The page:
LAKE OCONEE — “Hansel and Gretel: Witch Hunters”
Rated R for strong fantasy horror violence and gore, brief sexuality/nudity and language.
“Hansel and Gretel: Witch Hunters”, in 3D or 2D, is not for children and is weird. What made it weird for me is that within an eight-minute stretch of dialog between Hansel and Gretel, they use the word “weird” three times. Also, Hansel and Gretel curse like sophomores who have just discovered the joy of profanity and declare independence from the tyranny of expected behaviors of characters in fairy tales. And they use martial arts and steam punk artillery to dispatch nasty looking witches with the expected non-humanistic indifference of dwellers of the 19th century. Hansel actually tells us that “the only good witch is a dead witch.” By the way, Gretel is a liberated woman fighting the hags shoulder to shoulder. In fact, the final scene of the film made me think the next iteration of this franchise might be: Hansel and Gretel Go Witch Hunting along the Stage Coach Trail.
The film starts out with a very brief telling of the Hansel and Gretel story. Children left (not lost) in the woods, find a candy house; eat without asking; trapped by witch; and then: the ol’ pop her in the oven. Once the witch is turned cackle-y brown, we begin the rest-of-the-story. “Hansel and Gretel: Witch Hunters.”
Hansel and Gretel become killers of witches going from German village-to-village treating one and all with “teenager” disdain although they are most certainly older than that demographic. Worry not, you new teens, because one of your own is featured using such deep phrases as “awesome” and acting the geek without too much shame which tells me who the filmmakers are targeting.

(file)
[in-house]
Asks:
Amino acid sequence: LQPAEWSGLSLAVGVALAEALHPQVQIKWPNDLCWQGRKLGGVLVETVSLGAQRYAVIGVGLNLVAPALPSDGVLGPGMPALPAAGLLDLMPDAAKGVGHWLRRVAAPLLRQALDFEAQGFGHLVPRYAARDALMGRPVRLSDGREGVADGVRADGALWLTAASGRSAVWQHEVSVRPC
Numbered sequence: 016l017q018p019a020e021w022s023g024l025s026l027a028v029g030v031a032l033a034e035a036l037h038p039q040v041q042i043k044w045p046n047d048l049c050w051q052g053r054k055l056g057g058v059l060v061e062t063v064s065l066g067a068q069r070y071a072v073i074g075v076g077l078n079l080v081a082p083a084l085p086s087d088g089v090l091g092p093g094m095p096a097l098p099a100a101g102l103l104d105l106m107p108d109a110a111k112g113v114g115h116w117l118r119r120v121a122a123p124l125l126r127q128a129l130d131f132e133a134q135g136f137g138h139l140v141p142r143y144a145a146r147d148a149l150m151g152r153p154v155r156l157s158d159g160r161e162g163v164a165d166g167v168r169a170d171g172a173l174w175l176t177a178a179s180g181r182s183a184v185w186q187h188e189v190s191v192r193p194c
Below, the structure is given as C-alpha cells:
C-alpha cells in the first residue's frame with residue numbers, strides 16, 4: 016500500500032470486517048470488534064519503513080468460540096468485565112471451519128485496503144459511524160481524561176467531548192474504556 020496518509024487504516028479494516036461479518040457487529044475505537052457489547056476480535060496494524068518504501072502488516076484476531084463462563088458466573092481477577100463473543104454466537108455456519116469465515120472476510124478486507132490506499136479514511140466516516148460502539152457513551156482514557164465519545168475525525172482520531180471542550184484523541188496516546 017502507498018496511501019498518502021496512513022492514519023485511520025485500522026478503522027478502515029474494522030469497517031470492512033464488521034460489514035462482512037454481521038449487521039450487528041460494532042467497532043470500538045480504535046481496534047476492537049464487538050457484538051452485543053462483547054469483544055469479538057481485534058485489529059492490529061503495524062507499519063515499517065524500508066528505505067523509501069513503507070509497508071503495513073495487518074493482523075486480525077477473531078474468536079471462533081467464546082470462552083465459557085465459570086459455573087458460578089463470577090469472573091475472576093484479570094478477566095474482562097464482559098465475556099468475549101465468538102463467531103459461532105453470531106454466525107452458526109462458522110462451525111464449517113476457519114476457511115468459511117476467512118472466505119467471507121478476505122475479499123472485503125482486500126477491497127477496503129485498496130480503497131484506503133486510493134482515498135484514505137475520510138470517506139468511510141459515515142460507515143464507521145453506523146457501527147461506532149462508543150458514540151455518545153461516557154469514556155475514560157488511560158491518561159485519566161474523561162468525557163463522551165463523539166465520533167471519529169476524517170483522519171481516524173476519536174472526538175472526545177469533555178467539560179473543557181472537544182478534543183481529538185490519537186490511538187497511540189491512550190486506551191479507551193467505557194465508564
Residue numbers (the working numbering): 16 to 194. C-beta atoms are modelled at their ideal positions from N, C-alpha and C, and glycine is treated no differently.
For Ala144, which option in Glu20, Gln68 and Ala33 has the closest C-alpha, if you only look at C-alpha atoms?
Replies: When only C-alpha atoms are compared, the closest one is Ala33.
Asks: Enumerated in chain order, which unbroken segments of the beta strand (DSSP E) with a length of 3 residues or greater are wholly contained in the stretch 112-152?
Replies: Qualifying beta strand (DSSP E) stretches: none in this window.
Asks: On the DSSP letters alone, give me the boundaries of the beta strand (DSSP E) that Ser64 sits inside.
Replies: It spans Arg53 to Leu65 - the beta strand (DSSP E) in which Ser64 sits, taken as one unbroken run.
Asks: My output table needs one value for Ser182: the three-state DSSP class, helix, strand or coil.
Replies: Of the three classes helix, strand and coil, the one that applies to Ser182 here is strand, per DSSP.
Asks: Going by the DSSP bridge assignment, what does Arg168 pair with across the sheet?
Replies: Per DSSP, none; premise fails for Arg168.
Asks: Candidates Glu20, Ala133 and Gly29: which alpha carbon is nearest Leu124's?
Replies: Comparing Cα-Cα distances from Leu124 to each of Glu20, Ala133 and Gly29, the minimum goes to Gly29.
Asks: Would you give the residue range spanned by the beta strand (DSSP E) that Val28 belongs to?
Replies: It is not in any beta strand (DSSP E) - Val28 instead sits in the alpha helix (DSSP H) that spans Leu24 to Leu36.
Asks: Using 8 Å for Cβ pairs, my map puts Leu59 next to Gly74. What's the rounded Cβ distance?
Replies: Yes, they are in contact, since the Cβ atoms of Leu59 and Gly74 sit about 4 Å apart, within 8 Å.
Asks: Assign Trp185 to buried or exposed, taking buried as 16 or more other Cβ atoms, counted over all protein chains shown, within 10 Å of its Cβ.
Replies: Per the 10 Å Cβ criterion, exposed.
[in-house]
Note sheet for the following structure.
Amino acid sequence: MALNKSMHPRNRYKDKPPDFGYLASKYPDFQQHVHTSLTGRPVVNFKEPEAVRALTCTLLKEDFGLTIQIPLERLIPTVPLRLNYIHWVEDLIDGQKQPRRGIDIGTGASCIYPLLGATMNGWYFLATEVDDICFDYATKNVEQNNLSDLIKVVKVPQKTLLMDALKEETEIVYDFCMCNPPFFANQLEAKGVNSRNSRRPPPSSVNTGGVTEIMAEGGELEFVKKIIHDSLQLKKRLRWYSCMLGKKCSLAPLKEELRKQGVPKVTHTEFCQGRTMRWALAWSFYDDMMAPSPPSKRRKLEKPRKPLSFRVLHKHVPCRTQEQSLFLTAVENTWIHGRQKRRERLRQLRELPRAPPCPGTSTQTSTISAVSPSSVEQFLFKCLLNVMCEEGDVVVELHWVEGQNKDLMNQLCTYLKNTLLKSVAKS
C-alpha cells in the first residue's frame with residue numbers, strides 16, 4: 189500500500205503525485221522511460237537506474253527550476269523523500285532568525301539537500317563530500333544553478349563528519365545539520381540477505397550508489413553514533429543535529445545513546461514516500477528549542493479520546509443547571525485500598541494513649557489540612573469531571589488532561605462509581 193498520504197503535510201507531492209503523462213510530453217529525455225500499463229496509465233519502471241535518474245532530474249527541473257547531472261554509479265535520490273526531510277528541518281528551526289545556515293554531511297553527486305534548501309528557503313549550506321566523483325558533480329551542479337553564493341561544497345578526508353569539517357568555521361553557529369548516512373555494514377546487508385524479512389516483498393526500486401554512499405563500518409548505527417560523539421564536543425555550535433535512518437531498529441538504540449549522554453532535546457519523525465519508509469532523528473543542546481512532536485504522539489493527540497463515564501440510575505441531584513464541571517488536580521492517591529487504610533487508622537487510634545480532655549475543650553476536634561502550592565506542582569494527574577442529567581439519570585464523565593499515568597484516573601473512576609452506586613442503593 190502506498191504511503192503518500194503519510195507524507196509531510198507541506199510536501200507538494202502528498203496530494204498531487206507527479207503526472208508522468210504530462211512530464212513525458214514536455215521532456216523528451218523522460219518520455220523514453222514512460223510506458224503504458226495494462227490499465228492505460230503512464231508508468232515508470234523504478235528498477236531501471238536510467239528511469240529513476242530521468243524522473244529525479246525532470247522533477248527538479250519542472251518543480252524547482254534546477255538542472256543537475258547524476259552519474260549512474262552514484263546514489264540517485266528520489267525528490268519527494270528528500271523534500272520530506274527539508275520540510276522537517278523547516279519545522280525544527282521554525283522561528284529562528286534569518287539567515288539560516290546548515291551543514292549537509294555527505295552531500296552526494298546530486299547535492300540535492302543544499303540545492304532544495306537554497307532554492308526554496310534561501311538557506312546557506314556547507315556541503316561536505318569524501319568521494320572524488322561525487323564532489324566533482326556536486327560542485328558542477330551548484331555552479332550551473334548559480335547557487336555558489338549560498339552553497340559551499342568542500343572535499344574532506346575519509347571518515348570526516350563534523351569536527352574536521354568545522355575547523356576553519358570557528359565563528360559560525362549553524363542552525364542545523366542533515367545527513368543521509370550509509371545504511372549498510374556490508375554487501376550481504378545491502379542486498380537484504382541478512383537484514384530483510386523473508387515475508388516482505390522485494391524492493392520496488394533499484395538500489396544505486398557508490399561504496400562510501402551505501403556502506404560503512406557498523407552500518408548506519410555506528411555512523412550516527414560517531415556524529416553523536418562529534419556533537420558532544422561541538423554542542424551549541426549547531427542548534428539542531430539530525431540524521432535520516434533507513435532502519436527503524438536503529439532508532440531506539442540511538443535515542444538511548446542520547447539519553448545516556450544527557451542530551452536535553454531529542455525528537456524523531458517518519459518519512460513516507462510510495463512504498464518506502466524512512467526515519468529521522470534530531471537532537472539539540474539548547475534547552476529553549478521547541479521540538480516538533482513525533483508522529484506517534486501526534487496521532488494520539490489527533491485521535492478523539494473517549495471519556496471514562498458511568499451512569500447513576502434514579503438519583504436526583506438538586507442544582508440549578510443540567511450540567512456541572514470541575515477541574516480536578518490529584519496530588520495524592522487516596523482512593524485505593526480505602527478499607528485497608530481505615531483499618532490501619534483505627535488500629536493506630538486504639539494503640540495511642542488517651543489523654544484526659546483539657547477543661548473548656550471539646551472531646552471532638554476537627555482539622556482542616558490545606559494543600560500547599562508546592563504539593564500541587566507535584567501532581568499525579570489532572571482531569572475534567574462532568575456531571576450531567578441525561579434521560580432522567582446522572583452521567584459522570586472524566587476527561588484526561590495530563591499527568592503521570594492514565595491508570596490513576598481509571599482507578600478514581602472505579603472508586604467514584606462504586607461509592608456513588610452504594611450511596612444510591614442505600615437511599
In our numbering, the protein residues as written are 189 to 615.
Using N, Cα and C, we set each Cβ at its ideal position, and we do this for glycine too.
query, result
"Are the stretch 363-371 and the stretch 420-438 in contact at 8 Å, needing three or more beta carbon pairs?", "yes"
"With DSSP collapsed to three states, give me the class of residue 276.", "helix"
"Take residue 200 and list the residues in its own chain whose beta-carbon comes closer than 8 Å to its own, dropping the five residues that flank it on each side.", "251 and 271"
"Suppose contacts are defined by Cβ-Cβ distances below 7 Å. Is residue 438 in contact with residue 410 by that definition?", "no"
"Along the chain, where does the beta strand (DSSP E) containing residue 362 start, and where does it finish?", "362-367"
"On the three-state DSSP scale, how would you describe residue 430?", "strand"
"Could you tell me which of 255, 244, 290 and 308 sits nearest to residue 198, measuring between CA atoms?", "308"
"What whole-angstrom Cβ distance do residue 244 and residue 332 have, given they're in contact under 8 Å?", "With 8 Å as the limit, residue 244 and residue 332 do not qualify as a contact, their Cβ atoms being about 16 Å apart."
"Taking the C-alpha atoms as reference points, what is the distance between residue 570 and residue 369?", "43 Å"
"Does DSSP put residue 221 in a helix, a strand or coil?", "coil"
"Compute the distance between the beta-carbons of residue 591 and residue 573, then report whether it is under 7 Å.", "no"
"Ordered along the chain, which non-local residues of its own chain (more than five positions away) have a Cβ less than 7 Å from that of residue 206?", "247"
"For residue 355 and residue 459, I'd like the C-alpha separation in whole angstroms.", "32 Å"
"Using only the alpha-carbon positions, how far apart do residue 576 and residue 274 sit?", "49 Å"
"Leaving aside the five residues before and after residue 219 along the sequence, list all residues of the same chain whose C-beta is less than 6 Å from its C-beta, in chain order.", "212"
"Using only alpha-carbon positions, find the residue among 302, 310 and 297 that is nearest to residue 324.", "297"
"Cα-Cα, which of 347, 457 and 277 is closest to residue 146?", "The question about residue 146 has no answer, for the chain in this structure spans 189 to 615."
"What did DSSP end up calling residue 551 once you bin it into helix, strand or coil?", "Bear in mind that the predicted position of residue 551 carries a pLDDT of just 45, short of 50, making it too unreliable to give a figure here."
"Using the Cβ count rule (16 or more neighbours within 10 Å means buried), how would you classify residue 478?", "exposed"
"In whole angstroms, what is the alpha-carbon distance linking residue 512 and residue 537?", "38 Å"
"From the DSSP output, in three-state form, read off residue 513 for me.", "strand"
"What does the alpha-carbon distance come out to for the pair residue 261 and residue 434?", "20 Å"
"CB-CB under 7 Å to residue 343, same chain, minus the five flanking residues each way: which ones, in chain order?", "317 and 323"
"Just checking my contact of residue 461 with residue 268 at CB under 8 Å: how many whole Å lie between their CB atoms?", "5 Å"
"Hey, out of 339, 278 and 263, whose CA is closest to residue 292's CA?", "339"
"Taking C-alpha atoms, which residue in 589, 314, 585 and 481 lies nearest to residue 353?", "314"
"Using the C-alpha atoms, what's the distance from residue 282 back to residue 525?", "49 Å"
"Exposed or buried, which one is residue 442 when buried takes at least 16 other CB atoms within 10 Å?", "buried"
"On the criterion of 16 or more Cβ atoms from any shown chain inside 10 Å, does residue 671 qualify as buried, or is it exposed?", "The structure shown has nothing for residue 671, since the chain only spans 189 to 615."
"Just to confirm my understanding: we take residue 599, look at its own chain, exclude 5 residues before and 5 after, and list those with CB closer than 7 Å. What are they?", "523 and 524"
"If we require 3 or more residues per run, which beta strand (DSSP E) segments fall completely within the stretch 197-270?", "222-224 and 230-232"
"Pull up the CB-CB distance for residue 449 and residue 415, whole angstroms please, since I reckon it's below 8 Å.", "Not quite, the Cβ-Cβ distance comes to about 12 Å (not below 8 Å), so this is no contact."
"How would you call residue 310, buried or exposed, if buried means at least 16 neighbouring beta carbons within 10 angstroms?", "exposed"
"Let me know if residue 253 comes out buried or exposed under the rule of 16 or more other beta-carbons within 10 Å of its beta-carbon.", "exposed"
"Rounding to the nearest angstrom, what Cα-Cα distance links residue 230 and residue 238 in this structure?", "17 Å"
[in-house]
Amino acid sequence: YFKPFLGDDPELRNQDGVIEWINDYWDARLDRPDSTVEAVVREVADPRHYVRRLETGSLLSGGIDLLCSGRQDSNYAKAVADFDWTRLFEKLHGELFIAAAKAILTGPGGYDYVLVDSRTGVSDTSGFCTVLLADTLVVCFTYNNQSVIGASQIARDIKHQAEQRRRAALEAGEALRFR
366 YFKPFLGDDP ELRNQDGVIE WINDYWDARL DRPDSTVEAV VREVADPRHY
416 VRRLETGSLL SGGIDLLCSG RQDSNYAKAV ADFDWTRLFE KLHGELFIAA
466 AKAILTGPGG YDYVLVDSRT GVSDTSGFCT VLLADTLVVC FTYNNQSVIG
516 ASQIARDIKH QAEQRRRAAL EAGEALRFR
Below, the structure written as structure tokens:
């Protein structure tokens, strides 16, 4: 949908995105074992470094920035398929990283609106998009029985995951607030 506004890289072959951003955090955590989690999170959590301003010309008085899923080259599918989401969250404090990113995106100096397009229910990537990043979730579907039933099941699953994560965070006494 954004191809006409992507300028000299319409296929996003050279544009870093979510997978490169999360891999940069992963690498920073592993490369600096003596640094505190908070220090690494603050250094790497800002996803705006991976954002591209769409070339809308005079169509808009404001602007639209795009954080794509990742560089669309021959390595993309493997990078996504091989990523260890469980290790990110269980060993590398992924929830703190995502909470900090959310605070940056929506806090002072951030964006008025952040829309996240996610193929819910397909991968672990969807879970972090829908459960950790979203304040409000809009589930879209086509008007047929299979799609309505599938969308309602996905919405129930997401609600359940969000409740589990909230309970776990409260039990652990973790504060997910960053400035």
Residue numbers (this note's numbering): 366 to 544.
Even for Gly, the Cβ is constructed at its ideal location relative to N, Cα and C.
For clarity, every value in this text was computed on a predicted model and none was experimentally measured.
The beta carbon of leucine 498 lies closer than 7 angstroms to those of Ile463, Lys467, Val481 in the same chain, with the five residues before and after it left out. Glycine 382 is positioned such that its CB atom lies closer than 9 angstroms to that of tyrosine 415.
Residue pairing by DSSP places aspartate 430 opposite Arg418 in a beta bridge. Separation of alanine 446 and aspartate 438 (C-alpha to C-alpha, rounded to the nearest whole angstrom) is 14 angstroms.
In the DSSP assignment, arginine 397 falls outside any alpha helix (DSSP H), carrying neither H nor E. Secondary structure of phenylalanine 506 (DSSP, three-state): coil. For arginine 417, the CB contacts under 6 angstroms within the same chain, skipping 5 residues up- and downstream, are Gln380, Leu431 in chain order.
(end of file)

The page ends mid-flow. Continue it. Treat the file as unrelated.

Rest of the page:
I actually broke with my usual policy and watched this one in 3D---mostly due to schedule restrictions. I am a little glad I did even though we, once again, had to see a lot of scenes filmed in dark rooms and outside in the moonlight. The film is schlocky and proudly so and the 3D was meant to be as cheesy-impressive. It is not done poorly; it is just placed here and there to make us go---“Jeepers, that was close!” (And by “jeepers” I mean to imply that the film is just that: a mixture of childhood wonder and immature lust of the violent and vulgarity.)
Too bad the filmmakers didn’t go a little further in the titillation department. This makes me think it was almost aiming for the crowd that hasn’t just yet experienced the hormonal invasion. Just a little of the cleavage (top and bottom) and a quick glance of mammaries and a scene of post (probably) canoodling. I think this film would have been more enjoyable if it had gone "adult" fairy tale rather than computer game cinema for nerdteens. It is caught in that rather awkward stage of adolescence: clumsily seeking respect, popularity and a place at the table where the cool kids sit. The plot has a case of arrested development.
Special effects are good enough but overall the film comes off a bit too “computer gameish” and falls too short of really being a cult classic of a twisted fairy tale it should have been. It is caught in a sort of target audience limbo. I am surprised to write this, but the “R” just wasn’t “R” enough; it was barely enough to warrant it; the producers should have toned it down for the pre-teen set or the sexiness for the “newly adult” crowd. I vote for the latter. The sets were interesting and the use of a troll was fun but it wasn’t bold or fresh enough to be a naughty, unexpurgated, modern day riff of the Grimm tale.
Instead it came off a little like Junior High; a bit of a disappointment and only a feeble hope of better things to come.
“Hansel and Gretel: Witch Hunters” gets two and a half bow ties out of five.